Tuesday, September 18, 2012

James Lee Burke writes another excellent story, reasserting his literary belief that wealthy individuals often take advantage of the less fortunate and government agencies do little to help.

Dave Robicheaux is recovering from a near fatal gunshot from action in a prior story.

He's been given morphine for the pain and as an alcoholic, he's having trouble with the medication. One night, a young woman named Tee Jolie visits and brings an i-Pod so he can listen to music. She tells him he's pregnant from a man who isn't divorced.

The next morning, Dave wan't sure if the events of the evening were a dream but the i-Pod is beside his bed. When he's well enough to leave, he learns that Tee Jolie has disappeared. Dave moves his recuperation up to high speed and is soon back to work, full time.

A professional killer comes to New Iberia. Her name is Gretchen Howowitz. As certain people threaten Dave's friend, Clete Purcel, Gretchen takes reprisal and Clete comes to feel that she is his daughter from a woman he hasn't seen in years. Gretchen doesn't admit this and the reader doesn't know for sure if she is the killer.

The story of why Gretchen is in town and Dave's search for Tee Jolie combine as a wealthy group of individuals seem to be behind a number of deaths and perhaps there is a connection to oil or art.

Burke's writing is always imaginative and eloquently descriptive. For example, "There was a Japanese tulip tree by the edge of the water...wind blew and a shower of pink and lavender petals on top of the water that slid in with the tide."

Dave and Clete are still haunted from events in Vietnam and the mere mention of a Vietnamese woman's name sets Clete off. Then we learn that this is the name of a woman he loved in Vietnam and was the only woman he really loved. These emotions seemed to make Clete a bigger person who could carry a love for so many years.

I was also entertained by the excellent characters and noted that as Burke ages, so do his characters. Not only are Dave and Clete older but two other major characters in the story are grandfathers.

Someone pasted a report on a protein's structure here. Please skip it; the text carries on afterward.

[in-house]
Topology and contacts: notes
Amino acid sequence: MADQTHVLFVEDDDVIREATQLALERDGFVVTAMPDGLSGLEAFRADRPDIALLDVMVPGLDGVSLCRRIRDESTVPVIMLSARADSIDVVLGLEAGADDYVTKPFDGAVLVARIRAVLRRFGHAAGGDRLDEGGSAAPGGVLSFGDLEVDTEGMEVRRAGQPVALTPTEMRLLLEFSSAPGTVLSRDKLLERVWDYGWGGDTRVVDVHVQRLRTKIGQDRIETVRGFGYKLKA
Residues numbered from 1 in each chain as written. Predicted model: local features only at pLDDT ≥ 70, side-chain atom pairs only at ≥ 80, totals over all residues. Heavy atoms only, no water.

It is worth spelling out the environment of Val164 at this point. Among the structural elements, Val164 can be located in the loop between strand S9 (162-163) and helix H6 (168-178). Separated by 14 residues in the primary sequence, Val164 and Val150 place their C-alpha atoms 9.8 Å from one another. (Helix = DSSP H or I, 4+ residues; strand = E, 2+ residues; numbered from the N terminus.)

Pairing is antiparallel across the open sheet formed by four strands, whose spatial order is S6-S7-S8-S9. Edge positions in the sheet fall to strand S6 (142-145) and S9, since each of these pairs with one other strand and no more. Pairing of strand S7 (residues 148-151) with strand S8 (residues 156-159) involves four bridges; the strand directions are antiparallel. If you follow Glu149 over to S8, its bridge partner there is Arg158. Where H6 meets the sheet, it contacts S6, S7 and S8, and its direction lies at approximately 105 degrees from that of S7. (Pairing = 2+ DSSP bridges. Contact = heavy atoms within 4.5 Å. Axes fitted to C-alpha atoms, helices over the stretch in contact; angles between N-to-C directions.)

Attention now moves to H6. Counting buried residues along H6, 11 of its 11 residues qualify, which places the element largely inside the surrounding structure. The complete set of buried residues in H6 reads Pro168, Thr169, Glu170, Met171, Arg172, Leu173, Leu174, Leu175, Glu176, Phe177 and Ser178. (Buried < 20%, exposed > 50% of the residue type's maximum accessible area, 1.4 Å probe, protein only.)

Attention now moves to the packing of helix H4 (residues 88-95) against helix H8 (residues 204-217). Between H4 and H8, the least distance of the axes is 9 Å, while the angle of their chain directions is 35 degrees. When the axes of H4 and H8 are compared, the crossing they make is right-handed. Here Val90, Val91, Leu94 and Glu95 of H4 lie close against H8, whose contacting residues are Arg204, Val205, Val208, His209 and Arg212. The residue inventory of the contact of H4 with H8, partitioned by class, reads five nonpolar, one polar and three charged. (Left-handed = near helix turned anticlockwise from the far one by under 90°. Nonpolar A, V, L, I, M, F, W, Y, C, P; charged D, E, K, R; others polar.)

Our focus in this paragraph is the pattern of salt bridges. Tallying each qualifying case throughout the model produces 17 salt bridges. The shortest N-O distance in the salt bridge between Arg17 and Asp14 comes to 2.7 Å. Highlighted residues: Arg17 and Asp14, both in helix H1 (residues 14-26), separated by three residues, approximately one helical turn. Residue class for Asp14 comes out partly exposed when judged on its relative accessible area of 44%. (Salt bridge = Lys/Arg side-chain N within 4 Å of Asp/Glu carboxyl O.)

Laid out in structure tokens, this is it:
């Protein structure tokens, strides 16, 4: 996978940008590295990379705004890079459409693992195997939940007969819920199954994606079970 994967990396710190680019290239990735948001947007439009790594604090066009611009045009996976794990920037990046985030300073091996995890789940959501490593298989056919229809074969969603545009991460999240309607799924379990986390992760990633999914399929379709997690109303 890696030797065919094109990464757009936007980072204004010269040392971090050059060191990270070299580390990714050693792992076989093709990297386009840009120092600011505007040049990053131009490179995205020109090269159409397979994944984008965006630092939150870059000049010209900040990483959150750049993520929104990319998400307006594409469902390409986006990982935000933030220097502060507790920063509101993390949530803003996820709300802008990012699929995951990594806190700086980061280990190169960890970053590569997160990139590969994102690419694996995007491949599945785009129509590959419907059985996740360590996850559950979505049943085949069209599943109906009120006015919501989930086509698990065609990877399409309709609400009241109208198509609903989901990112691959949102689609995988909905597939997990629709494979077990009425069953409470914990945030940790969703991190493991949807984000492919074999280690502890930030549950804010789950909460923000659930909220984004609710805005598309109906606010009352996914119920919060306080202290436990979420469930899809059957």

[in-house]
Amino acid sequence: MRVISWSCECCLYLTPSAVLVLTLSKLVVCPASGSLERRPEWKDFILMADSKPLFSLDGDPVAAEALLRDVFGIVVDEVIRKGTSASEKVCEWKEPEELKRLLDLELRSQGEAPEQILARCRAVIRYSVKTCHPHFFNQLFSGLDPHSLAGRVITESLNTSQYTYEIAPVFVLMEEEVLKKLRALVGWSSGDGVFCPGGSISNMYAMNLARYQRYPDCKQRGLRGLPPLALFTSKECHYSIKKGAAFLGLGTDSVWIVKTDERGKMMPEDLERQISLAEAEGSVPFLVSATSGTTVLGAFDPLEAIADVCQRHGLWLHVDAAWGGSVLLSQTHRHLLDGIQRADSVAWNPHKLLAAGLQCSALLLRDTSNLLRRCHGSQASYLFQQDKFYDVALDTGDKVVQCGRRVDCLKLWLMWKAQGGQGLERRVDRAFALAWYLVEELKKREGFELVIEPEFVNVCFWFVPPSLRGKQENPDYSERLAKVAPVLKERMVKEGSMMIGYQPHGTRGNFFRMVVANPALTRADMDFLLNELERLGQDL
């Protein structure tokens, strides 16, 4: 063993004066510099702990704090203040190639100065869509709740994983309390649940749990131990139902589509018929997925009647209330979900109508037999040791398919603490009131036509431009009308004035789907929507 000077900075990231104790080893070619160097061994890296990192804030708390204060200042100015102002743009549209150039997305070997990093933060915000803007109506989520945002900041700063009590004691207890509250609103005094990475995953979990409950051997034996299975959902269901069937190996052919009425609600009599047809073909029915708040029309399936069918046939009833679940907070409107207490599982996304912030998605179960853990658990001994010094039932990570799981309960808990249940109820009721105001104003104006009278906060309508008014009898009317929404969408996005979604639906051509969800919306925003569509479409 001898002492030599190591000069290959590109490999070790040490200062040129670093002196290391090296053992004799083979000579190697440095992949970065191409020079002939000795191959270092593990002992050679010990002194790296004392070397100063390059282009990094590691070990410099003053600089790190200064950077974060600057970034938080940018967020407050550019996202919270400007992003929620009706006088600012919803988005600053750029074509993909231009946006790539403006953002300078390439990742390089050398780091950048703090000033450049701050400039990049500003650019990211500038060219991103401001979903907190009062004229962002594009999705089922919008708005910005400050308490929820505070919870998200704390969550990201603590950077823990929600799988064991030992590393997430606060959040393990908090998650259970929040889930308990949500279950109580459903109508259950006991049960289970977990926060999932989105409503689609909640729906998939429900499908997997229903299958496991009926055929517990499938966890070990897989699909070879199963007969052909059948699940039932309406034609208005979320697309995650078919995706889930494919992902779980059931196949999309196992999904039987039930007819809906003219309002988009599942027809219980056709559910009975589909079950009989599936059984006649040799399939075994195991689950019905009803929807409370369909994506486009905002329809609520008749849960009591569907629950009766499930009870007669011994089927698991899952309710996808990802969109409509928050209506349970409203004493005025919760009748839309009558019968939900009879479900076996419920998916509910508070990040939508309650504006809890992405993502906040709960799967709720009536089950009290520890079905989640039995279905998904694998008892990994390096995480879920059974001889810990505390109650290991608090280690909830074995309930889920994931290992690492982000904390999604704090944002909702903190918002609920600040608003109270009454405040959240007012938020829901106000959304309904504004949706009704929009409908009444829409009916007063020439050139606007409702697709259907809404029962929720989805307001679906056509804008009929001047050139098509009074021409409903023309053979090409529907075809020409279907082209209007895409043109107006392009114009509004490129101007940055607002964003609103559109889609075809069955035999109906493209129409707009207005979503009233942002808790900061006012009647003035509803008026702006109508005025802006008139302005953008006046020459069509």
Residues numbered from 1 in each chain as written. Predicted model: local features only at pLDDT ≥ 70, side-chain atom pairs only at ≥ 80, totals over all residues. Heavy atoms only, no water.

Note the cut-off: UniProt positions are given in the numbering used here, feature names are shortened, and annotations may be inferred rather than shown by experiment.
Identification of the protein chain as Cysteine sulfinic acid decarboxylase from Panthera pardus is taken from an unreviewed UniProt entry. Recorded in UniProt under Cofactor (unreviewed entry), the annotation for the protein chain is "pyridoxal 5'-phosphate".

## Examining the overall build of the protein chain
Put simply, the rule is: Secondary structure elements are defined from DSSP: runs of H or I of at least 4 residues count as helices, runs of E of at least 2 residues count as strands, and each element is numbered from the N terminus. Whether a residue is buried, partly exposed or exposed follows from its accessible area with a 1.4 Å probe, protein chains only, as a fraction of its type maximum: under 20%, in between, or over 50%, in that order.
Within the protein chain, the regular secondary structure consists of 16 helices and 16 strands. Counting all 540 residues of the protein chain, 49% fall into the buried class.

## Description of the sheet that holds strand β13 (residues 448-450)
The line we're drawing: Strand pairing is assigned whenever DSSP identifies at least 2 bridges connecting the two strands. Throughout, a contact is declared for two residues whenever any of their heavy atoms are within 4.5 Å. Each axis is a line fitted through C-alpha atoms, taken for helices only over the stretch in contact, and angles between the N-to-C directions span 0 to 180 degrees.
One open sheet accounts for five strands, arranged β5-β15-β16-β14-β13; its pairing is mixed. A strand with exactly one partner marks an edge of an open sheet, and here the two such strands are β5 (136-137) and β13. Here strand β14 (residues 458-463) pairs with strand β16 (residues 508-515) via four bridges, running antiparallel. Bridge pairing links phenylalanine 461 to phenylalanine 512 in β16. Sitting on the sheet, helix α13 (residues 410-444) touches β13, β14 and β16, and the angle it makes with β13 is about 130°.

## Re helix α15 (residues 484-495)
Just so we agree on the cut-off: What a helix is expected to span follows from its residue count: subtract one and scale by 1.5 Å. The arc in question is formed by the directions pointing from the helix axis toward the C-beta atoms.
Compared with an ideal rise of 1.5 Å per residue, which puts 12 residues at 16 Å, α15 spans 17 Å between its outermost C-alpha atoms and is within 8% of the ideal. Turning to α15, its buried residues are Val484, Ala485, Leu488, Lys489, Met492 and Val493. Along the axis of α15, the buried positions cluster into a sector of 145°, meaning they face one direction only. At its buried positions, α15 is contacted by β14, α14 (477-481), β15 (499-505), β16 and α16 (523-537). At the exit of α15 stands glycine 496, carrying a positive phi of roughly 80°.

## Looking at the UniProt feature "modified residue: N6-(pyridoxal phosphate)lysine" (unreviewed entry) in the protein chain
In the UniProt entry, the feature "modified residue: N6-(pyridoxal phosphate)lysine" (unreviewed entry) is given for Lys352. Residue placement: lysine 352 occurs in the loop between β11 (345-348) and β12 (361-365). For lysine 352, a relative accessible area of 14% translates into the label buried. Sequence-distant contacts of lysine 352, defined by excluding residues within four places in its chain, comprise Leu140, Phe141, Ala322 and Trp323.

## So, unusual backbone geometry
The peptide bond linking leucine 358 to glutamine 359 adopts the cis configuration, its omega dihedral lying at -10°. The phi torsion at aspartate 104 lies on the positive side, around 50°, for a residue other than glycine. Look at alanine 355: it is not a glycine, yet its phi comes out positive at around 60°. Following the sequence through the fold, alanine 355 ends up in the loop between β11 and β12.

A novel not to miss. It adds to Burke's legend as one of our greatest writers.


Dorothy Borders said...

Good review. I used to read every Robicheaux novel as soon as it came out, but I kind of lost interest after a while. I think they began to take a more violent turn that didn't really appeal to me. But maybe it's time I give them a try again.

Unknown said...

They do seem to have the same theme but this provided an interesting story.

sir jorge said...

Sounds interesting enough, I'll have to check it out, thanks for the review

Katy S said...

As a person who takes morphine for chronic pain, I can affirm that drinking is a complete no-no. I'll have a beer every couple of weeks, but I can no longer "tie one on"... I'm glad that the book made that obvious. This book is in a series I've been wanting to read; just another set of books I'll need immortality to get to, I'm afraid.

hgh said...

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Carol M said...

I've never read one of his stories. I've heard they are good.This sounds like a good place to start.

Unknown said...

Thank everyone for their comments.
I did someting new on this book.
After reading the story and enjoying the author's skill with words and descriptions and story telling, I got the book on tape and am now listening to the story.
It's an excellent addition to reading the book by itself.

catslady said...

This is a new author for me but it does sound interesting.

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